Data requests such as the US National Security Letter (NSL) typically come with a gag order that prevents the target company from publicly disclosing the fact it has been compromised.

The goal of a warrant canary is to circumvent these legal restrictions on revealing the existence of a subpoena. The service provider can therefore warn users of their compromise without technically violating the court order not to do so.

Warrant canaries usually operate by informing users that there has not been a court-issued warrant, gag order, or NSL as of a given date.

If the canary is not updated for a specified period or if the warning is completely removed, users are to assume that speech prohibition has gone into place and the host has been served with a legal request.

Many VPN services choose to maintain a warrant canary to help convince users they can be trusted. Examples of VPN providers with a warrant canary include ProtonVPN, Perfect Privacy, and BolehVPN.

It should be noted that the fact a VPN provider maintains a warrant canary does not necessarily mean the service is private or secure. Likewise, many reliable and reputable services choose not to maintain a warrant canary as a matter of principle.

There is still some debate among experts as to the effectiveness of warrant canaries. Some argue that governments can coerce companies into maintaining a canary even if they’ve been compromised, rendering the canary useless.

It is also possible that a compromised service would refrain from changing their warrant canary to avoid losing their customers. In this sense, many warrant canaries are nothing more than marketing theater from companies that don’t really care about user privacy.

Unfortunately, there is no way to know for certain whether a canary change is a true indicator of a court order. Instead, users are forced to rely on speculation and circumstantial evidence to decide what the meaning of a missing or changed canary is.

When choosing a VPN, it’s sensible to consider the maintenance of a warrant canary as an additional feature once you’ve identified an otherwise trustworthy service, rather than specifically looking for a company that has one when making your decision.

VPN Jurisdiction Comparison Table (90+ VPNs Tested)

We checked the privacy policies of the most popular VPN services on the market. We found that a significant number of VPN providers are based in jurisdictions with the potential to put user data at risk.

The following table lists all 90 VPN providers, their respective jurisdiction, and whether or not they maintain a warrant canary. We found that:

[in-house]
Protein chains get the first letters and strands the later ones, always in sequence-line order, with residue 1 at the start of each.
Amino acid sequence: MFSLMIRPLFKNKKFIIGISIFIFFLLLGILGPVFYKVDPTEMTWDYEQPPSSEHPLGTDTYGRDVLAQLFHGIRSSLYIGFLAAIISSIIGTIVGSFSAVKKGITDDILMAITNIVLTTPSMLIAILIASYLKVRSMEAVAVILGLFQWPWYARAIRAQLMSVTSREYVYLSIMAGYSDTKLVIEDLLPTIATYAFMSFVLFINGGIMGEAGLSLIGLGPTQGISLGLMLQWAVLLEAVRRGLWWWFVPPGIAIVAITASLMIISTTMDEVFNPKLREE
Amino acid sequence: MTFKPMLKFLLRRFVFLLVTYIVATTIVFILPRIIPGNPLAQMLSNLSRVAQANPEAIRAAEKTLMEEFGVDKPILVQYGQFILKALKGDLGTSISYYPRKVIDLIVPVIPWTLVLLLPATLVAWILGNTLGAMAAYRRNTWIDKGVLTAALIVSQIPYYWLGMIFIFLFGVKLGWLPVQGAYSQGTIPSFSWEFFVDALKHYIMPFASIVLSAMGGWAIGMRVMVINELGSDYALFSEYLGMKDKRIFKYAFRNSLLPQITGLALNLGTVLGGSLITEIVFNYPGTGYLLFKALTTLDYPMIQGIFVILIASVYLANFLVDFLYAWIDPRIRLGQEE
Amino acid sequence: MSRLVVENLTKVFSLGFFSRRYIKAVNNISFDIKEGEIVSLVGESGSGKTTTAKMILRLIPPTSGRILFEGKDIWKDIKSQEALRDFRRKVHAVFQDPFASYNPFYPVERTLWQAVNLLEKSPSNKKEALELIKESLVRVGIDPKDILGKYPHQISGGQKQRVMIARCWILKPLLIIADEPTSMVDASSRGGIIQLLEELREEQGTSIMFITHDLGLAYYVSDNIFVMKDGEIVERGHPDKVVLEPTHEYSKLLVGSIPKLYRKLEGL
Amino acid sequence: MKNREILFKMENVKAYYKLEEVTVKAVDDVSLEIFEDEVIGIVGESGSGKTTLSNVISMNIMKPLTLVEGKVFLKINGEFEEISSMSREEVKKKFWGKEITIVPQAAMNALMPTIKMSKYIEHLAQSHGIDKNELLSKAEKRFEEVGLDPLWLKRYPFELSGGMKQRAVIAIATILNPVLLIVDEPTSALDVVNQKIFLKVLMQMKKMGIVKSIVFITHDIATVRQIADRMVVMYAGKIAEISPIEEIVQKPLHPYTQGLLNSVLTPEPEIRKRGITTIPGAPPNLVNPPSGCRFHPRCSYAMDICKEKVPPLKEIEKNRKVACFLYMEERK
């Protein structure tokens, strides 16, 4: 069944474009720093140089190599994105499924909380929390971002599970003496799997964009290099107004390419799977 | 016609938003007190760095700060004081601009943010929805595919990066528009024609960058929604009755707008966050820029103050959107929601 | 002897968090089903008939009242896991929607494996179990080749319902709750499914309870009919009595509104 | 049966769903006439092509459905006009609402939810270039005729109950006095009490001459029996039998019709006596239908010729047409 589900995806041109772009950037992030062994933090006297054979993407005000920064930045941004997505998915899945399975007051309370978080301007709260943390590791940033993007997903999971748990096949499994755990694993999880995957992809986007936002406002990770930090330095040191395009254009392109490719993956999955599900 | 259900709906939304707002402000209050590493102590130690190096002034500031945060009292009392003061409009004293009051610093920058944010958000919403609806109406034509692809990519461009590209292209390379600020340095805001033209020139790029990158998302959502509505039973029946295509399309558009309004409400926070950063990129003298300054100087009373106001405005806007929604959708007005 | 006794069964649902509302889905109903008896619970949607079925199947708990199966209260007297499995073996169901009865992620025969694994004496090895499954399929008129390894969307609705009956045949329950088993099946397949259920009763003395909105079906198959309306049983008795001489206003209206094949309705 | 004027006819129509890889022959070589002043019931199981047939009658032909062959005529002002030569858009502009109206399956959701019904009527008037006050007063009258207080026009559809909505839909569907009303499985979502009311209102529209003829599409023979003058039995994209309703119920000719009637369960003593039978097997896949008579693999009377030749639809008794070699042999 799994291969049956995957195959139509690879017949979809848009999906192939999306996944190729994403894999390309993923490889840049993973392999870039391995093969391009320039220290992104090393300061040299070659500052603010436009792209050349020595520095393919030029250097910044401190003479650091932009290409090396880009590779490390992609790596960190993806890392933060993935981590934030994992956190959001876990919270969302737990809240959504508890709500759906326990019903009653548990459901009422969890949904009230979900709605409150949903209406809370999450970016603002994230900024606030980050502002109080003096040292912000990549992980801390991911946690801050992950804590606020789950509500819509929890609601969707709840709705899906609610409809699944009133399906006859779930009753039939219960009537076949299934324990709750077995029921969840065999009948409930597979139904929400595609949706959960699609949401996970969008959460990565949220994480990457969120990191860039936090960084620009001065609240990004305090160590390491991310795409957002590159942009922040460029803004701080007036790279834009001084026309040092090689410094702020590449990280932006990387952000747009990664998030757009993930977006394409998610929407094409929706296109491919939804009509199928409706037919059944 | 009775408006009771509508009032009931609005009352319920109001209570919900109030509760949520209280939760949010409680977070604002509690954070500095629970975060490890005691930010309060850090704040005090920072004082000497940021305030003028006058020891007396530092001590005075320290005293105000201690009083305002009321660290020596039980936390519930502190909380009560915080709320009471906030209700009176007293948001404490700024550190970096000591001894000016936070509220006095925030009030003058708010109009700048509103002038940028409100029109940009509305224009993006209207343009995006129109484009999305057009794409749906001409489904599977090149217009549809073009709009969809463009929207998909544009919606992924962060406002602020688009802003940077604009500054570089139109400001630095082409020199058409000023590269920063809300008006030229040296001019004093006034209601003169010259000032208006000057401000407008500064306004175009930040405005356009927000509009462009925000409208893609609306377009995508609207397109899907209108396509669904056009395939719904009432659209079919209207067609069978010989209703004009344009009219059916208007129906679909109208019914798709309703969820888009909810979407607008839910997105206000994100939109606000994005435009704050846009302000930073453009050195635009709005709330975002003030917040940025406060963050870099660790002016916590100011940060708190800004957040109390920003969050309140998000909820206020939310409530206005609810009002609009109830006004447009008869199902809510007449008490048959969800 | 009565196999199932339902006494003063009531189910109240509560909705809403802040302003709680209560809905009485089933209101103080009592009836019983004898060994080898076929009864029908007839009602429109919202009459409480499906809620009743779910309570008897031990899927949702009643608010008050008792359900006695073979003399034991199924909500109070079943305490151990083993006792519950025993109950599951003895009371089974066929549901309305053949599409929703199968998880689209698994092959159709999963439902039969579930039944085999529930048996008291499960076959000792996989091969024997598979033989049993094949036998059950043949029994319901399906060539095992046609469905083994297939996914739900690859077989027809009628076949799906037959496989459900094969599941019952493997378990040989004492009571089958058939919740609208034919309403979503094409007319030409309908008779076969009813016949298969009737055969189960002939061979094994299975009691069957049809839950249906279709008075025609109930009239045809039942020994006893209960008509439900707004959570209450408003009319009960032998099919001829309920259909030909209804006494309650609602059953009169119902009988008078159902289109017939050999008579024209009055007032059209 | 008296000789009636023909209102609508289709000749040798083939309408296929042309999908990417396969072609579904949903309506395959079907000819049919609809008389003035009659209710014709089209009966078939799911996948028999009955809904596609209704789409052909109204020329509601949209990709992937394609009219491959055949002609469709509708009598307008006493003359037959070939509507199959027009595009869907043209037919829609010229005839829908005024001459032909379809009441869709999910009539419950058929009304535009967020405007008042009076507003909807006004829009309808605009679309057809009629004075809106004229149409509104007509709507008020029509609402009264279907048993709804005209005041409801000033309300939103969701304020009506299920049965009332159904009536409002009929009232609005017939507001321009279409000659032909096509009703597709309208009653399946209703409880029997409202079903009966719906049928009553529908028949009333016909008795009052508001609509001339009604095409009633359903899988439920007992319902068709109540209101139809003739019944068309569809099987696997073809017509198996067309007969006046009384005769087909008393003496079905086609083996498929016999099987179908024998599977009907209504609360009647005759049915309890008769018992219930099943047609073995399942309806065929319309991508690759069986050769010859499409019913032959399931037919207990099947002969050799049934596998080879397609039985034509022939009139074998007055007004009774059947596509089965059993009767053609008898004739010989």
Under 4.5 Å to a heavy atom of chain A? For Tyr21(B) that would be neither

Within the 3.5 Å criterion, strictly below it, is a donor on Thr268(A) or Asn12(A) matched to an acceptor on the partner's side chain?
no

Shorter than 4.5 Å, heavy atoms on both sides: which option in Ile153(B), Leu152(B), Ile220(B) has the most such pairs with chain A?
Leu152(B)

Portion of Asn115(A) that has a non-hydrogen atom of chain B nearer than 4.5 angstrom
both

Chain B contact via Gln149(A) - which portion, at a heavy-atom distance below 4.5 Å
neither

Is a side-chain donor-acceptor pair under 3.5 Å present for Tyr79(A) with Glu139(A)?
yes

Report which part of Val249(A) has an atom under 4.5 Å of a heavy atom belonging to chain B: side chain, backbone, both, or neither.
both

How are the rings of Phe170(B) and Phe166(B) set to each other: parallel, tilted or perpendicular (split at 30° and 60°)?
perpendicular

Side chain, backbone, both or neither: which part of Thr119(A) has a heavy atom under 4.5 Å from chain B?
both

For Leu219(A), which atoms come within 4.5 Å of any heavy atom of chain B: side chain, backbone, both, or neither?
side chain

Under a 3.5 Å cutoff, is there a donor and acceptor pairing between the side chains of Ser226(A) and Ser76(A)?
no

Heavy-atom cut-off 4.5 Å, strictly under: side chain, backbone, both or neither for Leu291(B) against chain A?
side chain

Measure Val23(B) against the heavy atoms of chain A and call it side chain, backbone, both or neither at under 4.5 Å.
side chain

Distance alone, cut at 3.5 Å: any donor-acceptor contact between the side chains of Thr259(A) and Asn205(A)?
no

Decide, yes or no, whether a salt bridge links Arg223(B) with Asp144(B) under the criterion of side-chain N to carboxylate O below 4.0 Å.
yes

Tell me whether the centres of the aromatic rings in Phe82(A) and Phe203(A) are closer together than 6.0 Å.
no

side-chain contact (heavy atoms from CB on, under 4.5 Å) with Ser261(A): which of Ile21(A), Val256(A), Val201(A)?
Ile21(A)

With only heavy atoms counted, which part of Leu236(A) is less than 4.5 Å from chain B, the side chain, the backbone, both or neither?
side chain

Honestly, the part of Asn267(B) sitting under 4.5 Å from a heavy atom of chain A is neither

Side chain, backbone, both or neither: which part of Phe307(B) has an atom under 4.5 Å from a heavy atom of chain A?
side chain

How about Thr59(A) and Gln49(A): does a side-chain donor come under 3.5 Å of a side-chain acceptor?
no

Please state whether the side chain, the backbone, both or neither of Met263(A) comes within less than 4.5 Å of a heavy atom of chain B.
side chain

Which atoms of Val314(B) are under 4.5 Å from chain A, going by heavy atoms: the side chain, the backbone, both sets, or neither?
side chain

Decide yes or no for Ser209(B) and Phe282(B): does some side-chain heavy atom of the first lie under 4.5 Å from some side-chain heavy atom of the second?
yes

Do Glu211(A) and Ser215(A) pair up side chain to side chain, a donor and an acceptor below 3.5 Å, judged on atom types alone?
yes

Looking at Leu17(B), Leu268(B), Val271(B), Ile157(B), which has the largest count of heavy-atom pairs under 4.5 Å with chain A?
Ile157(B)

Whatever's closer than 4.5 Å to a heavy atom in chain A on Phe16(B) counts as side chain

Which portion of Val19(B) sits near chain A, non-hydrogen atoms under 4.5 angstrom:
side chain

• 57% of VPN providers are based in a member state of the Five, Nine, or Fourteen Eyes Alliance. These countries are listed in red.
  • 32% are based in an EU member state or a country with suspected links to another invasive or censorious government. These countries are listed in amber.
  • 11% are based in “safe” jurisdictions outside the reach of privacy-abusing governments or international data-sharing agreements. These countries are listed in green.

If you’re searching for a specific VPN, use Ctrl+F to find the provider you’re looking for. Otherwise, you can skip to the next section on trusting VPN jurisdictions.

Do VPN Jurisdictions Really Matter?

We live in a time of unprecedented debate over the government’s powers to secretly monitor its citizens. Revelations about the NSA’s bulk surveillance program have raised serious questions about whether these powers are necessary, legal, or constitutional.

The best safeguard against these practices is strong encryption. Encrypting your data with VPN software before it hits the internet makes it much harder for intelligence agencies to record and track your internet activity.

If you’re looking for protection from targeted government surveillance, choosing a VPN incorporated in a “safe” offshore jurisdiction is unlikely to be enough to protect you. The intelligence entities listed in this guide have access to vast resources — if singled out, you’ll need to worry about more than the jurisdiction of your VPN.

Jurisdiction is one of many factors to consider when selecting a privacy tool like a VPN. Exactly how much it matters will depend on the level of protection you need.

Trust is also a major factor. A VPN can still lie to its customers and cooperate with authorities even if it operates in a “safe” jurisdiction. Providers like PureVPN have established a precedent for this; though they’re based in Hong Kong, they worked with the FBI to identify a user in 2017, completely undermining their “zero-logging” policy.

There are also VPN providers based in “dangerous” jurisdictions that have proven themselves to be trustworthy. In 2016, the FBI subpoenaed Private Internet Access (PIA) — a US-based VPN service — in connection with a user suspected of making bomb threats. Though they were facing official demands for logs, PIA simply had no data to provide, as described in the official court documents.

Ultimately, if you’re looking to protect yourself from government overreach, the location of the servers you’re connecting to and the practices of the people controlling them are likely to be more important than where the company is incorporated.

About the Author

  • Headshot of Site Editor Callum Tennent

    Callum Tennent

    Callum oversees how we test and review VPN services. He's a member of the IAPP, and his advice about VPNs has featured in Forbes and the Internet Society. Read full bio